Civil Society Statement to the 1st HLM of the GPEDC

More than 200 civil society organisations came together as a unified community and participated constructively in the processes leading up to and during the First High Level Meeting (HLM) of the Global Partnership for Effective Development Cooperation (GPEDC) in Mexico. The CPDE joins other development actors in recognising the consensus reached in the HLM Communiqué, but flags several bottlenecks, as well as lack of commitments and overall progress since Busan. In light of these concerns, CSOs will continue to press for further progress, in particular bring forward/ bring development effectiveness needs on the ground into policy discussions.


We acknowledge the efforts of the GPEDC to regain momentum on the road to, and in, Mexico by encouraging multi-stakeholder dialogue around key topics such as inclusive development and poverty eradication, domestic resource mobilization (DRM), South-South Cooperation and inclusive partnerships.

The HLM communiqué is an outcome of collaborative efforts among Partnership stakeholders. In this vein, we acknowledge references in the statement to inclusive development, democratic country ownership, enhanced taxation and use of country systems, gender equality and women’s empowerment and the support for CSOs as independent development actors.

However, the progress we have made since Busan is not sufficient – as recognized by most stakeholders, as well as in the Global Monitoring Report itself. The main progress is that we have not regressed. The contribution to the report by a limited number of countries is an indicator of the insufficient advance made, as is the lack of real engagement by countries in collecting data. There was also little focus in the official agenda on the earlier commitments made on aid and development effectiveness – possibly due to the unsatisfactory findings of the report. Ahead of the HLM, CSOs called for the formulation of an Action Plan, containing benchmarks and timetables to gauge global and country-level implementation by all stakeholders. In Mexico, however, no decisions were made to accelerate progress on taking forward the Busan principles and actions.

Civil society maintains that, while the Communiqué respected the commitments made in Busan, it does not bring us closer to the goals of development effectiveness. CSOs have pushed for stronger commitments and objected to several points. We therefore remain critical about several aspects that we have been continuously putting forward throughout the consultations and during the meeting itself:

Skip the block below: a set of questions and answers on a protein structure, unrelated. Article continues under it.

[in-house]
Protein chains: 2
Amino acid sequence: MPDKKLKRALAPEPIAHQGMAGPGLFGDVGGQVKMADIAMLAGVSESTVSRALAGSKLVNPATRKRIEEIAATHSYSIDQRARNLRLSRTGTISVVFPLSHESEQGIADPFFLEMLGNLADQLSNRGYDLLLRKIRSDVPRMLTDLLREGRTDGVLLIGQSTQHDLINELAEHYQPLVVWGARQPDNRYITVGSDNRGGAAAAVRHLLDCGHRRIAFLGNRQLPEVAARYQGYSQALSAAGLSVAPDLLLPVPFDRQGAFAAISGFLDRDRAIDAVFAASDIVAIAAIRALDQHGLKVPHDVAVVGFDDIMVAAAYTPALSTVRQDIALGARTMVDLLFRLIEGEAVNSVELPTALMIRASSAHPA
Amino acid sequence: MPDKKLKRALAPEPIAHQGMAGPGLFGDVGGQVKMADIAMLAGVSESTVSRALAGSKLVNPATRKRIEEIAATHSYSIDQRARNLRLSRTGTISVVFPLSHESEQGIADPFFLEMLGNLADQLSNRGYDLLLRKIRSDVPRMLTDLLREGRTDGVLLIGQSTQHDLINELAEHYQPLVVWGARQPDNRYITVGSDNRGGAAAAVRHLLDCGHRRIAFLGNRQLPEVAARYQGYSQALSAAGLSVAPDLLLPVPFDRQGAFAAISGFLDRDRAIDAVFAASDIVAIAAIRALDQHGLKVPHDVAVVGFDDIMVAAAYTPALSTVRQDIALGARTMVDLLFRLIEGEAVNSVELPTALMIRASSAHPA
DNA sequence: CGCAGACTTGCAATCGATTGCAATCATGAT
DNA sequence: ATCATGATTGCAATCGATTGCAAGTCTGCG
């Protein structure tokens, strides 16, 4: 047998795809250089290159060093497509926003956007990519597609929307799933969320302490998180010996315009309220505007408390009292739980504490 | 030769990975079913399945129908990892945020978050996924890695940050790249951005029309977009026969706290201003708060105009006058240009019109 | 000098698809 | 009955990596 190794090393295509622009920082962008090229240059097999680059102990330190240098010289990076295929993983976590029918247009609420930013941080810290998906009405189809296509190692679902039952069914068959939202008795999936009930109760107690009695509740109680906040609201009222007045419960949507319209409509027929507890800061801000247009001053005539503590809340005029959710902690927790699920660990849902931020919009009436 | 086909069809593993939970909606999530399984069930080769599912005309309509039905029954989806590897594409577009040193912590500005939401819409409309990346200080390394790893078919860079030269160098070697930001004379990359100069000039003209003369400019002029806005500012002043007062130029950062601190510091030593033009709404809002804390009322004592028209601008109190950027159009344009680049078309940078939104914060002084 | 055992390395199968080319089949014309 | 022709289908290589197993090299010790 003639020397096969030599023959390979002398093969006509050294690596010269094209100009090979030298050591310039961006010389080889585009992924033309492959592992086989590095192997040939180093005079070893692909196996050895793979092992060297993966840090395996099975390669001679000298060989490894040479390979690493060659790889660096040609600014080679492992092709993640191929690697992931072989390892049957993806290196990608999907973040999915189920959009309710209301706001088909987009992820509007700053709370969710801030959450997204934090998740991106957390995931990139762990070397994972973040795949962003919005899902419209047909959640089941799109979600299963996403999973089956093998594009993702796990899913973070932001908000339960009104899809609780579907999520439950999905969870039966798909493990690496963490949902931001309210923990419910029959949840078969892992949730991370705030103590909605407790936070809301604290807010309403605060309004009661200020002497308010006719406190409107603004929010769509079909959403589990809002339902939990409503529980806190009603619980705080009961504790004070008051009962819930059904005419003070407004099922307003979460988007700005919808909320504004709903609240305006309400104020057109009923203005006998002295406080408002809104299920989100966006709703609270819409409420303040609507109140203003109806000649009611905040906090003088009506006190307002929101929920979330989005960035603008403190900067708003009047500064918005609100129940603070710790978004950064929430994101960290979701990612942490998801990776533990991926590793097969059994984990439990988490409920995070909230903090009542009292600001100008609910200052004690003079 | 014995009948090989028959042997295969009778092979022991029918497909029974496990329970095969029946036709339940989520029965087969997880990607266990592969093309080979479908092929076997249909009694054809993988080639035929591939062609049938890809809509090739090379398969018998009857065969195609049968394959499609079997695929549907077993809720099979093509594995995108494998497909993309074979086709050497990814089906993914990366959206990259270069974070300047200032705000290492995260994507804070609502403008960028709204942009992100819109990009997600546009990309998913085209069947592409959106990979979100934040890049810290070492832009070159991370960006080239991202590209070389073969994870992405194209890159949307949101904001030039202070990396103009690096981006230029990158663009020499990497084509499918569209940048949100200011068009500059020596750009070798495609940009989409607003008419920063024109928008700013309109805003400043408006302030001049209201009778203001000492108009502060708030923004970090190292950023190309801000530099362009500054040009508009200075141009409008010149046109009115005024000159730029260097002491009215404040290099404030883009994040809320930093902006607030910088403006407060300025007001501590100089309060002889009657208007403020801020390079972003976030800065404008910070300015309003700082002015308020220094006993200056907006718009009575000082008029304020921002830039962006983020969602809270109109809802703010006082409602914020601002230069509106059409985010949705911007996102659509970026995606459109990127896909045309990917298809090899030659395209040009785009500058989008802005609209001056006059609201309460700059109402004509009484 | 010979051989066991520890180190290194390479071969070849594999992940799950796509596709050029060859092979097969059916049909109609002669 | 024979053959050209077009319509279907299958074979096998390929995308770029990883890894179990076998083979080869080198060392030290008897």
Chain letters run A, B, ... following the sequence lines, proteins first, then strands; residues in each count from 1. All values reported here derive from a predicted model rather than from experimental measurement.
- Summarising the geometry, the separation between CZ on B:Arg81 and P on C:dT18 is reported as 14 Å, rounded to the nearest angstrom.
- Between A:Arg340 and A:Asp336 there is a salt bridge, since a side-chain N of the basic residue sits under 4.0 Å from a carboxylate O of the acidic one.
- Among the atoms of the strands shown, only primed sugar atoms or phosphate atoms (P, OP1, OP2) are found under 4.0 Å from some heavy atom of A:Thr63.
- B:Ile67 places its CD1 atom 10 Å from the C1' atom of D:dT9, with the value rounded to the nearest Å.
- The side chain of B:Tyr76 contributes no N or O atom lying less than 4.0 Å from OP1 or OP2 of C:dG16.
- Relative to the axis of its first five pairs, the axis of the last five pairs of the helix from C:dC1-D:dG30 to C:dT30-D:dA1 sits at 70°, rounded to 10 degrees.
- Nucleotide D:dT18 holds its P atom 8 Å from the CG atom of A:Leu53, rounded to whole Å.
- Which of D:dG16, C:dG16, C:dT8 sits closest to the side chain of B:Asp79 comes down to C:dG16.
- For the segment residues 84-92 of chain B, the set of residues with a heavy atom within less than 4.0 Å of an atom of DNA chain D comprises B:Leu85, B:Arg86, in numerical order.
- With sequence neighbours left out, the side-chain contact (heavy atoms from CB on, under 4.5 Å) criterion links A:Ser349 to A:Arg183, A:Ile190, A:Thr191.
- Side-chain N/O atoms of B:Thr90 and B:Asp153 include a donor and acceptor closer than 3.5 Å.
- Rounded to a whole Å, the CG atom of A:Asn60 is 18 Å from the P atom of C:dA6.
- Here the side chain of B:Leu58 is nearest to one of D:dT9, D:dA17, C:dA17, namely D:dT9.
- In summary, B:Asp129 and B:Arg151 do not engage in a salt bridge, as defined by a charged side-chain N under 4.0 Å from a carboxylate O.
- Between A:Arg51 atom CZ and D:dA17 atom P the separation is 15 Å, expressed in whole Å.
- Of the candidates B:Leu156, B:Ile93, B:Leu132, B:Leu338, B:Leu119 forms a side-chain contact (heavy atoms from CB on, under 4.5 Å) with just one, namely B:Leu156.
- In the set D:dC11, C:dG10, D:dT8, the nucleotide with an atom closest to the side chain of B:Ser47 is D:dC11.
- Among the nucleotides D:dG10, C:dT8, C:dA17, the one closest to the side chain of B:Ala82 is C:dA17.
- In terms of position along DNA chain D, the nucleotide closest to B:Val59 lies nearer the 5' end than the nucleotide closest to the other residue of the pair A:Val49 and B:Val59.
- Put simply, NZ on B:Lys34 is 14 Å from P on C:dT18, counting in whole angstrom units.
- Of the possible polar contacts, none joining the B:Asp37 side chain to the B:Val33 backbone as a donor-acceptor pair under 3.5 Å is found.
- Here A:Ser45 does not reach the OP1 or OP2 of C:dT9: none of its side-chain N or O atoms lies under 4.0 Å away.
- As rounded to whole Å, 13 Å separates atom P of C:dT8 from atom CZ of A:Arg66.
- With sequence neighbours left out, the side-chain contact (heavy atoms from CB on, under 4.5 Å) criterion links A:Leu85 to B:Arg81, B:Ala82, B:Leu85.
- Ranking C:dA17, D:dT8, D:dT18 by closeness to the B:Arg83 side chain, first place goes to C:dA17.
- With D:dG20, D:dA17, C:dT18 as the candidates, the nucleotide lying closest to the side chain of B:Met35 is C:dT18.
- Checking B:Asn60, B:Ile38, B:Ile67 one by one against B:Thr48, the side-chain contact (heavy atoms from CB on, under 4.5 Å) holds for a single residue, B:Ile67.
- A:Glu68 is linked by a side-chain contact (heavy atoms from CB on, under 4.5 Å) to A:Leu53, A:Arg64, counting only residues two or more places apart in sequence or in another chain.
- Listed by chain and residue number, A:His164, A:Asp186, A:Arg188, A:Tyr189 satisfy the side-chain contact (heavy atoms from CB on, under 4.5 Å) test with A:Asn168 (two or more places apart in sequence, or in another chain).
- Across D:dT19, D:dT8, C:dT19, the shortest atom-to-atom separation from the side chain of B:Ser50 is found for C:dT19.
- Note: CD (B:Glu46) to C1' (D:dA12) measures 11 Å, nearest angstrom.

The space for CSOs is shrinking. Stronger commitments on Human-Rights Based Approaches (HRBA), gender equality standards and enabling environment frameworks (EE) for civil society are urgently needed but are missing from the HLM outcome document:
The shrinking of CSO space and voices is alarming. The curtailing of CSOs’ voices is simply rejecting practical solutions to save our economies, environment and peoples’ lives. There should be concrete policy actions including better monitoring of CSO EE and inclusive and democratic multi-stakeholder dialogue processes at country and global levels. The diversity and independence of CSOs can be strengthened through such dialogue, and through more enabling regulatory and policy frameworks, as well as the allocation of resources and technical assistance.

At a time, when international development actors are insisting on stronger application and integration of HRBA to ensure the rightful participation of all people, especially marginalized voices such as those of women, indigenous peoples, youth and people with disabilities, the HLM marks a step backwards. HRBA is not included in the main Communiqué. Most UN Agencies, states and even international financial institutions have agreed to integrate indigenous people’s right to self-determined development. It is thus unfortunate that such human rights advances have no space in the GPEDC.